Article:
Manis, F., Doi, L., and Bhadha, P. (2000). Naming speed, phonological awareness and orthographic knowledge in second graders. J. Learn. Disabil. 33, 325–333. doi: 10.1177/002221940003300405

PubMed Abstract | CrossRef Full Text | Google Scholar

Moll, K., Fussenegger, B., Willburger, E., and Landerl, K. (2009). RAN is not a measure of orthographic processing. Evidence from the asymmetric German orthography. Sci. Stud. Read. 13, 1–25. doi: 10.1080/10888430802631684

PubMed Abstract | CrossRef Full Text | Google Scholar

Muter, V., Hulme, C., Snowling, M., and Taylor, S. (1998). Segmentation, not rhyming, predicts early progress in learning to read. J. Exp. Child Psychol. 71, 3–27. doi: 10.1006/jecp.1998.2453

PubMed Abstract | CrossRef Full Text | Google Scholar

Nag, S., and Snowling, M. J. (2012). Reading in an alphasyllabary: implications for a language universal theory of learning to read. Sci. Stud. Read. 16, 404–423. doi: 10.1080/10888438.2011.576352

CrossRef Full Text | Google Scholar

Näslund, J. C., and Schneider, W. (1991). Longitudinal effects of verbal ability, memory capacity, and phonological awareness on reading performance. Euro. J. Psychol. Educ. 6, 375–392. doi: 10.1007/BF03172772

CrossRef Full Text

Neuhaus, G. F., and Swank, P. R. (2002). Understanding the relations between RAN letter subtest components and word reading in first-grade students. J. Learn. Disabil. 35, 158–174. doi: 10.1177/002221940203500206

PubMed Abstract | CrossRef Full Text | Google Scholar

Olofsson, A. (2000). Naming speed, phonological awareness and the initial stage of learning to read. Logoped. Phoniatr. Vocol. 25, 35–40. doi: 10.1080/140154300750045894

PubMed Abstract | CrossRef Full Text | Google Scholar

Papadopoulos, T. C., Georgiou, G., and Kendeou, P. (2009). Investigating the double-deficit hypothesis in Greek: findings from a longitudinal study. J. Learn. Disabil. 42, 528–547. doi: 10.1177/0022219409338745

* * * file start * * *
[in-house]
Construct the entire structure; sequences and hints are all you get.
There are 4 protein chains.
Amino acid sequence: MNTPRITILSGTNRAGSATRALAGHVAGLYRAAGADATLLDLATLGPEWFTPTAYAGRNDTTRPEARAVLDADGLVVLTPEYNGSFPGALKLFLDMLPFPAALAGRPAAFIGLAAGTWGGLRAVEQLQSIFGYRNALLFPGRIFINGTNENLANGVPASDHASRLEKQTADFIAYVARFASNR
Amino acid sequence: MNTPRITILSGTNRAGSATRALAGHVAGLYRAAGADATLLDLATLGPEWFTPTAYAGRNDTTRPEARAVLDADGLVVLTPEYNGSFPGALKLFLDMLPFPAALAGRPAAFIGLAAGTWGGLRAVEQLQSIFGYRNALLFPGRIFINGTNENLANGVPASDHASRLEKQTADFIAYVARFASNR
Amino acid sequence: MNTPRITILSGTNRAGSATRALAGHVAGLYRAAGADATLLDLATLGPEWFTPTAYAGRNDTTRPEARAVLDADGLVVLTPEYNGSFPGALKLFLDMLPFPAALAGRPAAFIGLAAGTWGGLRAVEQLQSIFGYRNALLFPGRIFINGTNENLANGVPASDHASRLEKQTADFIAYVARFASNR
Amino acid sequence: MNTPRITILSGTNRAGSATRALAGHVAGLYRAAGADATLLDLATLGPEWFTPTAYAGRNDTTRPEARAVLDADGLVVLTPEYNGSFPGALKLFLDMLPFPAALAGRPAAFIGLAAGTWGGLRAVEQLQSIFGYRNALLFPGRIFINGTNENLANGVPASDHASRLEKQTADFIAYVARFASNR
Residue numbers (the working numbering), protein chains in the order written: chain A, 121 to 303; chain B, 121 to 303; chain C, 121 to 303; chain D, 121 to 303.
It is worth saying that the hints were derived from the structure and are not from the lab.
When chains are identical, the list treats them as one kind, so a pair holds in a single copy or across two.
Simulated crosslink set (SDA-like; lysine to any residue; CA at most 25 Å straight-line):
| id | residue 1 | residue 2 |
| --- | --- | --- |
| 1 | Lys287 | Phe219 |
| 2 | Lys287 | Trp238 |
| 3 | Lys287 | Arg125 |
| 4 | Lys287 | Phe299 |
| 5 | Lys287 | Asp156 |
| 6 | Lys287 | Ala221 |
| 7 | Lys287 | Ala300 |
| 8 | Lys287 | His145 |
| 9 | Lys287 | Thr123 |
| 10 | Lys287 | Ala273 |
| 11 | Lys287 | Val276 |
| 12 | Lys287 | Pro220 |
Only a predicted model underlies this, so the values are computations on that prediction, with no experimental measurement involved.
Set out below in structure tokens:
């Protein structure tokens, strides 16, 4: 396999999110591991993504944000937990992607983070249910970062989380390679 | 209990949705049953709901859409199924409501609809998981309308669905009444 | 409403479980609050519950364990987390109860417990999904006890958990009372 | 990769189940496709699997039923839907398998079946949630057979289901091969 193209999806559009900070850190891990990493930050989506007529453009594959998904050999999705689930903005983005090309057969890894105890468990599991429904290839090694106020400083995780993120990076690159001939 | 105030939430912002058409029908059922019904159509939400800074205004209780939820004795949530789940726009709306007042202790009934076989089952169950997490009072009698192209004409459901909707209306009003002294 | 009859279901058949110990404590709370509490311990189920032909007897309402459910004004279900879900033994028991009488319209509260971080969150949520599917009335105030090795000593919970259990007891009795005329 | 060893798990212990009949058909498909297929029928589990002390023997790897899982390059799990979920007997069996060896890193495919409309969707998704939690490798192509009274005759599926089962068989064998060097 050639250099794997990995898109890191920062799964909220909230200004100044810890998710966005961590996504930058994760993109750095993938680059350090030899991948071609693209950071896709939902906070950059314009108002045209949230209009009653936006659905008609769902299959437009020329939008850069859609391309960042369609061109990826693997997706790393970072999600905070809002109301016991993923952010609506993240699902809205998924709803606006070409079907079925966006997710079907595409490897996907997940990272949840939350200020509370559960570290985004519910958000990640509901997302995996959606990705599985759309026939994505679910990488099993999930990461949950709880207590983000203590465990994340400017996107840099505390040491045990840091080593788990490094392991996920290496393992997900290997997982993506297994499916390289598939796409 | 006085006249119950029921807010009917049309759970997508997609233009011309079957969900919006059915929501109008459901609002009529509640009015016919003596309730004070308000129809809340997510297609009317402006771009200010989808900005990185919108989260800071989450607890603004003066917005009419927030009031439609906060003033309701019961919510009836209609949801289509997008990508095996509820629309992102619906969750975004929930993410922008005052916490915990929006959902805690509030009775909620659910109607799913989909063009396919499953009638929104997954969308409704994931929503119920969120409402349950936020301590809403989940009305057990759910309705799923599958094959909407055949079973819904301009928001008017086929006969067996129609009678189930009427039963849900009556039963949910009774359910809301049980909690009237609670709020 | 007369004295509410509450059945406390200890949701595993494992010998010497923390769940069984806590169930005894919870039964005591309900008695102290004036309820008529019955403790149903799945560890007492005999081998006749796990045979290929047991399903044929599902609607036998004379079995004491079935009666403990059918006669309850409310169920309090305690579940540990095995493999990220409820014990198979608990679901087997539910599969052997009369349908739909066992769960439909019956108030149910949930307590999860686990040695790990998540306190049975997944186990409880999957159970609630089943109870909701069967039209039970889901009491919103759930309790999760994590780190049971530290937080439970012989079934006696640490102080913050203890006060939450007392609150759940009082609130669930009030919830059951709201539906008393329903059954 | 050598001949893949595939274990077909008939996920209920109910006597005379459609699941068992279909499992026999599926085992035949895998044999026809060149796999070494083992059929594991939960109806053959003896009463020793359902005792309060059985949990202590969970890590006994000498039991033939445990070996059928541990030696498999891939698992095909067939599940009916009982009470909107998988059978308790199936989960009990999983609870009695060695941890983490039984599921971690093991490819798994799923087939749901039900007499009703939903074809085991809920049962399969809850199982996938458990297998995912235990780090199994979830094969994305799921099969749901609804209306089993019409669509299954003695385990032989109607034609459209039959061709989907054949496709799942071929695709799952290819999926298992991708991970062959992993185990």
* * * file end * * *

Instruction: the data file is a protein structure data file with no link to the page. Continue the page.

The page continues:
PubMed Abstract | CrossRef Full Text | Google Scholar

Parrilla, R., Kirby, J. R., and McQuarrie, L. (2004). Articulation rate, naming speed, verbal short-term memory, and phonological awareness: longitudinal predictors of early reading development? Sci. Stud. Read. 8, 3–26. doi: 10.1207/s1532799xssr0801_2

CrossRef Full Text | Google Scholar

Puolakanaho, A., Ahonen, T., Aro, M., Eklund, K., Leppanen, P. T., Poikkeus, A., et al. (2008). Developmental links of very early phonological and language skills to second grade reading outcomes: strong to accuracy but only minor to fluency. J. Learn. Disabil. 41, 353–370. doi: 10.1177/0022219407311747

PubMed Abstract | CrossRef Full Text | Google Scholar

Rodrigo, M., Jiménez, J. E., Estévez, A., Rodríguez, C., Díaz, A., Ortíz, R., et al. (2009). Desarrollo de las habilidades fonológicas y ortográficas en niños normolectores y con dislexia durante la educación primaria. Infancia Aprendizaje 32, 375–389. doi: 10.1174/021037009788964088

CrossRef Full Text | Google Scholar

Seymour, P. H. K., Aro, M., and Erskine, J. M. (2003). Foundation literacy acquisition in European orthographies. Br. J. Psychol. 94, 143–174. doi: 10.1348/000712603321661859

PubMed Abstract | CrossRef Full Text | Google Scholar

Silvén, M., Poskiparta, E., Niemi, P., and Voeten, M. (2007). Precursors of reading skill from infancy to first grade in Finnish: continuity and change in a highly inflected language. J. Educ. Psychol. 99, 516–531. doi: 10.1037/0022-0663.99.3.516

CrossRef Full Text | Google Scholar

Soriano, M., and Miranda, A. (2010). “Developmental dyslexia in a transparent orthography: a study of Spanish dyslexic children,” in Advances in Learning and Behavioral Disabilities. Literacy and Learning, Vol. 23, eds T. E. Scrugs and M. A. Mastronieri (Bingley, UK: Emerald), 95–114.

Suárez-Coalla, P., García de Castro, M., and Cuetos, F. (2013). Variables predictoras de la lectura y la escritura en castellano. Infancia Aprendizaje 36, 77–89. doi: 10.1174/021037013804826537

CrossRef Full Text

Swanson, H. L., and Howell, M. (2001). Working memory, short-term memory, and speech rate as predictors of children's reading performance at different ages. J. Educ. Psychol. 93, 720–734. doi: 10.1037/0022-0663.93.4.720

CrossRef Full Text | Google Scholar

Tolchinsky, L., Levin, I., Aram, D., and McBride-Chang, C. (2012). Building literacy in alphabetic, abjad and morphosyllabic systems. Read. Writing 25, 1573–1598. doi: 10.1007/s11145-011-9334-7

CrossRef Full Text | Google Scholar

Vaessen, A., and Blomert, L. (2013). The cognitive linkage and divergence of spelling and reading development. Sci. Stud. Read. 17, 89–107. doi: 10.1080/10888438.2011.614665